Abstract | Abstract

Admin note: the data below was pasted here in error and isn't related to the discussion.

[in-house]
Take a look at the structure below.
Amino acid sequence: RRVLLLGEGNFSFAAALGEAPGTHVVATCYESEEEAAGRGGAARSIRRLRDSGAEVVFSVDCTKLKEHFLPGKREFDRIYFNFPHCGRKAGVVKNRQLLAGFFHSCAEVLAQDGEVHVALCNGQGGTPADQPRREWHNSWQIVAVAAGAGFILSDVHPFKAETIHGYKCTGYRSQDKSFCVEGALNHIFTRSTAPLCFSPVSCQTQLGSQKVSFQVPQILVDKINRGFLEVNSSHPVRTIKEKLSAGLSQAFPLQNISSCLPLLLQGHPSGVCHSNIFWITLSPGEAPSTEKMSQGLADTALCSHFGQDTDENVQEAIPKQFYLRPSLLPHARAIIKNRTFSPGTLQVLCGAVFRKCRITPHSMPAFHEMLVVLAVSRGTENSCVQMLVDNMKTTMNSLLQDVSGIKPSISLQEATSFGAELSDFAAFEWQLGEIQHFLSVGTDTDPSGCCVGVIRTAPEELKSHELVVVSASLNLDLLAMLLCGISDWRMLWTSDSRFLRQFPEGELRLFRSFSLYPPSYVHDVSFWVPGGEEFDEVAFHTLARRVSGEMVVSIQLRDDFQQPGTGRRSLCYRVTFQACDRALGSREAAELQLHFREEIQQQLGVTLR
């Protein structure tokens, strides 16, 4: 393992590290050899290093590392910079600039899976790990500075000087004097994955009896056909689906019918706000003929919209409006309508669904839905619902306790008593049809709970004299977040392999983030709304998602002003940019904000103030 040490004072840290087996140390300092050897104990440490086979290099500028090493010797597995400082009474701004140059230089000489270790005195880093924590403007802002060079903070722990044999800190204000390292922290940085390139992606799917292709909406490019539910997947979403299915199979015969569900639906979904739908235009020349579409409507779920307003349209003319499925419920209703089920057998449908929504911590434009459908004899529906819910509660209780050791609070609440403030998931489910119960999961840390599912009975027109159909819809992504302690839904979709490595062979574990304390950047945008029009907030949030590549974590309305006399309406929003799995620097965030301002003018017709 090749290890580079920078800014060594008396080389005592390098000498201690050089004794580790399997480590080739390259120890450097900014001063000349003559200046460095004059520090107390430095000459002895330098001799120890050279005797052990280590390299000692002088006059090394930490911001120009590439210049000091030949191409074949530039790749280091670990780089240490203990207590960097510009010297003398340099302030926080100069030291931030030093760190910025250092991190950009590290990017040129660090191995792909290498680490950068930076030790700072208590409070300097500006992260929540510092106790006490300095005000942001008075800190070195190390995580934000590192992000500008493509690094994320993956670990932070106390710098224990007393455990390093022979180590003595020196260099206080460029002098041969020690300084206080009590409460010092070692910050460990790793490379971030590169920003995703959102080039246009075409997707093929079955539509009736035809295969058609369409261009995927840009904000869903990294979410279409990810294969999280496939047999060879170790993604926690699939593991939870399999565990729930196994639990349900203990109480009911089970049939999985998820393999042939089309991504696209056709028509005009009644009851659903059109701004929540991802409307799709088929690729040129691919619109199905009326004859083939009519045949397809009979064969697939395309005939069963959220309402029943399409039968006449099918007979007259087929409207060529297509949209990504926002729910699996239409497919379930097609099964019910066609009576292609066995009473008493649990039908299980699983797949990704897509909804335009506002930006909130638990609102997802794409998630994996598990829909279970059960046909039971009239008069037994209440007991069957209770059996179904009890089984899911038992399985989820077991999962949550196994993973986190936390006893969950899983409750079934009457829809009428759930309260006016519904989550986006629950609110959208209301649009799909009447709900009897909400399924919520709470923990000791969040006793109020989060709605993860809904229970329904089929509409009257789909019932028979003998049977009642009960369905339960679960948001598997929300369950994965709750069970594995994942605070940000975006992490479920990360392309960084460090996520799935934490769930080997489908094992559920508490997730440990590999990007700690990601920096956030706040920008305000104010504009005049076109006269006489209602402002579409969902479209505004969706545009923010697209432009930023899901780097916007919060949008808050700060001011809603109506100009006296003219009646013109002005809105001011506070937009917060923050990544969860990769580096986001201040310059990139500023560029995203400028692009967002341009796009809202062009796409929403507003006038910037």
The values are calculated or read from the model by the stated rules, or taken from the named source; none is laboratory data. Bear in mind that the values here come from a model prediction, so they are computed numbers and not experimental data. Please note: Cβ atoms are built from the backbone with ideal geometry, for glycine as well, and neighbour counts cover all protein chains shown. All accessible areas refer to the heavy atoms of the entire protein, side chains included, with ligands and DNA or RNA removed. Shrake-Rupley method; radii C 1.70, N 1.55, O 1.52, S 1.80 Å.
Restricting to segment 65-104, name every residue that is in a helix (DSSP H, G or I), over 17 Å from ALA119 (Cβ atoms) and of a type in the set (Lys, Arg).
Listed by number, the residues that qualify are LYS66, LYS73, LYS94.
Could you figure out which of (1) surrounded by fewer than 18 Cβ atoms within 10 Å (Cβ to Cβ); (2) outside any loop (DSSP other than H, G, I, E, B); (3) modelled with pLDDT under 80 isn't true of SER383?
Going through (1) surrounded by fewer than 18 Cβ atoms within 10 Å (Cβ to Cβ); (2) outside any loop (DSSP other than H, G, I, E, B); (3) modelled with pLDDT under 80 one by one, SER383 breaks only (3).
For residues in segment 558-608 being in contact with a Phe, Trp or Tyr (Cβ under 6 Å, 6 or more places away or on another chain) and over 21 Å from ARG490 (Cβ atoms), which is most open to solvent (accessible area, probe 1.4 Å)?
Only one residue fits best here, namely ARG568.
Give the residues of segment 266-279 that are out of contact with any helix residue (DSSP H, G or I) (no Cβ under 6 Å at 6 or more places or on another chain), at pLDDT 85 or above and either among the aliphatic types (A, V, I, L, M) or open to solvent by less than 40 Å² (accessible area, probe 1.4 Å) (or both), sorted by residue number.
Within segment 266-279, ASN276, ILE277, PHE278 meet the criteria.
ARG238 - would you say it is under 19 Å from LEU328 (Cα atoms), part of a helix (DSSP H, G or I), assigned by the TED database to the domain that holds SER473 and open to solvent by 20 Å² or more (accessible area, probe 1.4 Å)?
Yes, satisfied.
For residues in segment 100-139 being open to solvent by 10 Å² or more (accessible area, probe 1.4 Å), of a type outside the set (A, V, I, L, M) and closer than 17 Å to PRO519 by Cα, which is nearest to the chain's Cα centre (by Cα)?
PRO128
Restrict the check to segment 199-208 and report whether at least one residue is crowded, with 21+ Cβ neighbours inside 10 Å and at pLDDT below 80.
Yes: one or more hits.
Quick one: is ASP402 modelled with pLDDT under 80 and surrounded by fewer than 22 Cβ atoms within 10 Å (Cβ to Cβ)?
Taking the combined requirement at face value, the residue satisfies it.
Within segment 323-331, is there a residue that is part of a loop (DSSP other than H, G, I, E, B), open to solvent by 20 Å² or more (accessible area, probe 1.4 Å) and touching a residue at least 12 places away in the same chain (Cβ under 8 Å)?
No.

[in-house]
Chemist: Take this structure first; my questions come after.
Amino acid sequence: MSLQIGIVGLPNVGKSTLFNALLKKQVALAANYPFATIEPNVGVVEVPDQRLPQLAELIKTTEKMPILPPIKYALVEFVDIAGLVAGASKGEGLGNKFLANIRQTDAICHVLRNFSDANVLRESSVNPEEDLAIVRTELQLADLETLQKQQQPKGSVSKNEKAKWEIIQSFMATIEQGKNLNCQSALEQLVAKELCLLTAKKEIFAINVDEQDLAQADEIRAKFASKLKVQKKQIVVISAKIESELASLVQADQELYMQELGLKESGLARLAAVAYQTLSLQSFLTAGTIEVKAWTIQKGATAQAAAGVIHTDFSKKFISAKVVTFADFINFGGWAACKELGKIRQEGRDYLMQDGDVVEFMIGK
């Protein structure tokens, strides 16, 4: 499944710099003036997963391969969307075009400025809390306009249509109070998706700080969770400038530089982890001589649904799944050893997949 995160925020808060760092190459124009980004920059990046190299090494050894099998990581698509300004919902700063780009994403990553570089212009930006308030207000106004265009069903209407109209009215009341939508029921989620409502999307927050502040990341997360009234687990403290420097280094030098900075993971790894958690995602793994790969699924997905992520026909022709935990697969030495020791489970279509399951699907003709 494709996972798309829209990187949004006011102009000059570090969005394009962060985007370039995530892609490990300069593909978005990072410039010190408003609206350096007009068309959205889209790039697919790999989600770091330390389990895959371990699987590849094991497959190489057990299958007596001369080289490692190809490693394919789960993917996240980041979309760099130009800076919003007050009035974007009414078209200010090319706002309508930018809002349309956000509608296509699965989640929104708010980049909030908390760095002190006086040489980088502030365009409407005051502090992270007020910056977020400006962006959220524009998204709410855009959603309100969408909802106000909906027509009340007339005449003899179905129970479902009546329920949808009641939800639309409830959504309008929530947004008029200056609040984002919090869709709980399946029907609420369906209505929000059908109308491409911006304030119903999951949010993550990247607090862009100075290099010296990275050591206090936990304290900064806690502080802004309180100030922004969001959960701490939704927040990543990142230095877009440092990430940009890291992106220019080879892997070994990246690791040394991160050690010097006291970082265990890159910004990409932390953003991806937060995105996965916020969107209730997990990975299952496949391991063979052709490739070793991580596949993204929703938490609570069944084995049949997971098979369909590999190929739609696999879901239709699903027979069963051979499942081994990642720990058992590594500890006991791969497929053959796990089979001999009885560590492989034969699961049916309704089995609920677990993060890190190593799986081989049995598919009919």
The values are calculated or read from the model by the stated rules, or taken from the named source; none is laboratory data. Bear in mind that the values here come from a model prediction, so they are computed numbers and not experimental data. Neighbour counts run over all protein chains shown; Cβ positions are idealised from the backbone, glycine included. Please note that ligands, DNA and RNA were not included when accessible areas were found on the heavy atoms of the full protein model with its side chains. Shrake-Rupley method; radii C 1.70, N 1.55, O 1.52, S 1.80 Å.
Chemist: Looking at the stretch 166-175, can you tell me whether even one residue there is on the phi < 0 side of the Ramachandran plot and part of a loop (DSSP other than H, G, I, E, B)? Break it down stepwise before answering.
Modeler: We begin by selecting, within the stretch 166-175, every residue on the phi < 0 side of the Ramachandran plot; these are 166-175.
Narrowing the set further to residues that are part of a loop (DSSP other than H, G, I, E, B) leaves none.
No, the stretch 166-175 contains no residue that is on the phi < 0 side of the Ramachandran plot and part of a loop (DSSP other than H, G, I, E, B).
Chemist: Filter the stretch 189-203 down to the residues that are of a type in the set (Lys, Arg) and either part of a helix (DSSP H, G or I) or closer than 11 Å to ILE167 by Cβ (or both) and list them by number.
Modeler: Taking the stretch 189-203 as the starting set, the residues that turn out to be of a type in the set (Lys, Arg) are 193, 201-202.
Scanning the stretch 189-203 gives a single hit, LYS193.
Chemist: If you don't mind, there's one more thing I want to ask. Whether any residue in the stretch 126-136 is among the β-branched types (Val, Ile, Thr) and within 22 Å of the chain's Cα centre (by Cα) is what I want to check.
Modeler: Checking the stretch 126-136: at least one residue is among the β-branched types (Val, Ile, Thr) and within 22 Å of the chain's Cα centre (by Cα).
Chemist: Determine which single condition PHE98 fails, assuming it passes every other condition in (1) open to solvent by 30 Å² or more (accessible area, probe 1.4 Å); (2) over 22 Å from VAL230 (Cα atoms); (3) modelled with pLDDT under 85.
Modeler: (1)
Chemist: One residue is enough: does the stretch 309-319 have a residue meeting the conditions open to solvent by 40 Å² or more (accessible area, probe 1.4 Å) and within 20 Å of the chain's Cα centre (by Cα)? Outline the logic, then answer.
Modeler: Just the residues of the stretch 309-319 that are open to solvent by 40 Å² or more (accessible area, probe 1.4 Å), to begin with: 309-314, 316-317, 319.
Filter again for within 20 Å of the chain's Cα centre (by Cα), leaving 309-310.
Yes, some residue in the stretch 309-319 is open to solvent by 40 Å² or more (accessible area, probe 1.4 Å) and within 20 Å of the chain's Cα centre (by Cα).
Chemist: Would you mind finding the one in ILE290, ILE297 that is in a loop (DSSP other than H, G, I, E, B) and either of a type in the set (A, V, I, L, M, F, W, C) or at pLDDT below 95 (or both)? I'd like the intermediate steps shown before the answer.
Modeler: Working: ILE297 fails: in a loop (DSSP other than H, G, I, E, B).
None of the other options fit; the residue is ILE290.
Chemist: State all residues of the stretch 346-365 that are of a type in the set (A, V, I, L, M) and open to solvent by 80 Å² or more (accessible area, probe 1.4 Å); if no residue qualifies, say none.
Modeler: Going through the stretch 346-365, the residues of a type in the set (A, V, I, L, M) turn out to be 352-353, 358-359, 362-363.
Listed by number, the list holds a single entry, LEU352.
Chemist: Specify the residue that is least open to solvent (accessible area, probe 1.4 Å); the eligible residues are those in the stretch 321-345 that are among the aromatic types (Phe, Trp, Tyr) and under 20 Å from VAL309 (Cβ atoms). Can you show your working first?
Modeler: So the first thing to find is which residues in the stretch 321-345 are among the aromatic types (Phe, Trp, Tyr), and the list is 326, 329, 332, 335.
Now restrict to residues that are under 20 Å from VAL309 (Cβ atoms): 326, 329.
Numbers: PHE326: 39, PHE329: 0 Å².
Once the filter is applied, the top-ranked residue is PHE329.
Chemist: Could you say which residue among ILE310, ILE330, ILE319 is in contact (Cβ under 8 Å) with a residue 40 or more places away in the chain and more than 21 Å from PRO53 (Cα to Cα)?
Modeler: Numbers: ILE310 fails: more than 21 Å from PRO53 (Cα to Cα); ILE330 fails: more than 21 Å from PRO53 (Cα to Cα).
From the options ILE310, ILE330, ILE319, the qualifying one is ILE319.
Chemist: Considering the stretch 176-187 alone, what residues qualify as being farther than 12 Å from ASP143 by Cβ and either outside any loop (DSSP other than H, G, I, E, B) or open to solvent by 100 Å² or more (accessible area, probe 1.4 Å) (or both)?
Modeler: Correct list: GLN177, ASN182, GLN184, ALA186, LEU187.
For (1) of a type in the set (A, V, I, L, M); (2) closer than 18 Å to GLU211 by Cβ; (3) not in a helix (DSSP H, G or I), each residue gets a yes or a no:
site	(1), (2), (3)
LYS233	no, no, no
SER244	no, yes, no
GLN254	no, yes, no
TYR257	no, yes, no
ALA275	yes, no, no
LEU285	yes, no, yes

Theoretical research on Dhruv Bhatt – one of the most important contemporary Gujarati novelists – has remained restricted to simplistic ecocritical reading(s). In this article, I analyse Bhatt’s novel Akoopār (2010) to investigate how layered exploration(s) of the ‘female’ as human, ancestor, myth, or affective attitude, as negotiated by the artist-anthropologist narrator, prises open the violence of centres (the Anglophone/the urban/colonialist) and offers an alternative narrative of the Anthropocene by tracing human intervention in the environment through local-cultural mytho-history. In doing so, the novel recentres the subject from eco-‘logy’ whose definition is often hijacked by the ‘logos’ of ‘discovery’, to ‘ecosystem’ depicted as a complex network of environment, cultural knowledge(s), linguistic practices, myth, memory, and collective action. I also use the theoretical approach of ecofeminism to highlight the use of ‘female’ as an approach of resistance in battling ecological crises in postcolonial regions structured through the complex collusion of colonial and traditional patriarchy, and the framework of decoloniality to foreground the significance of epistemic revisions in re-viewing the human-nonhuman divide.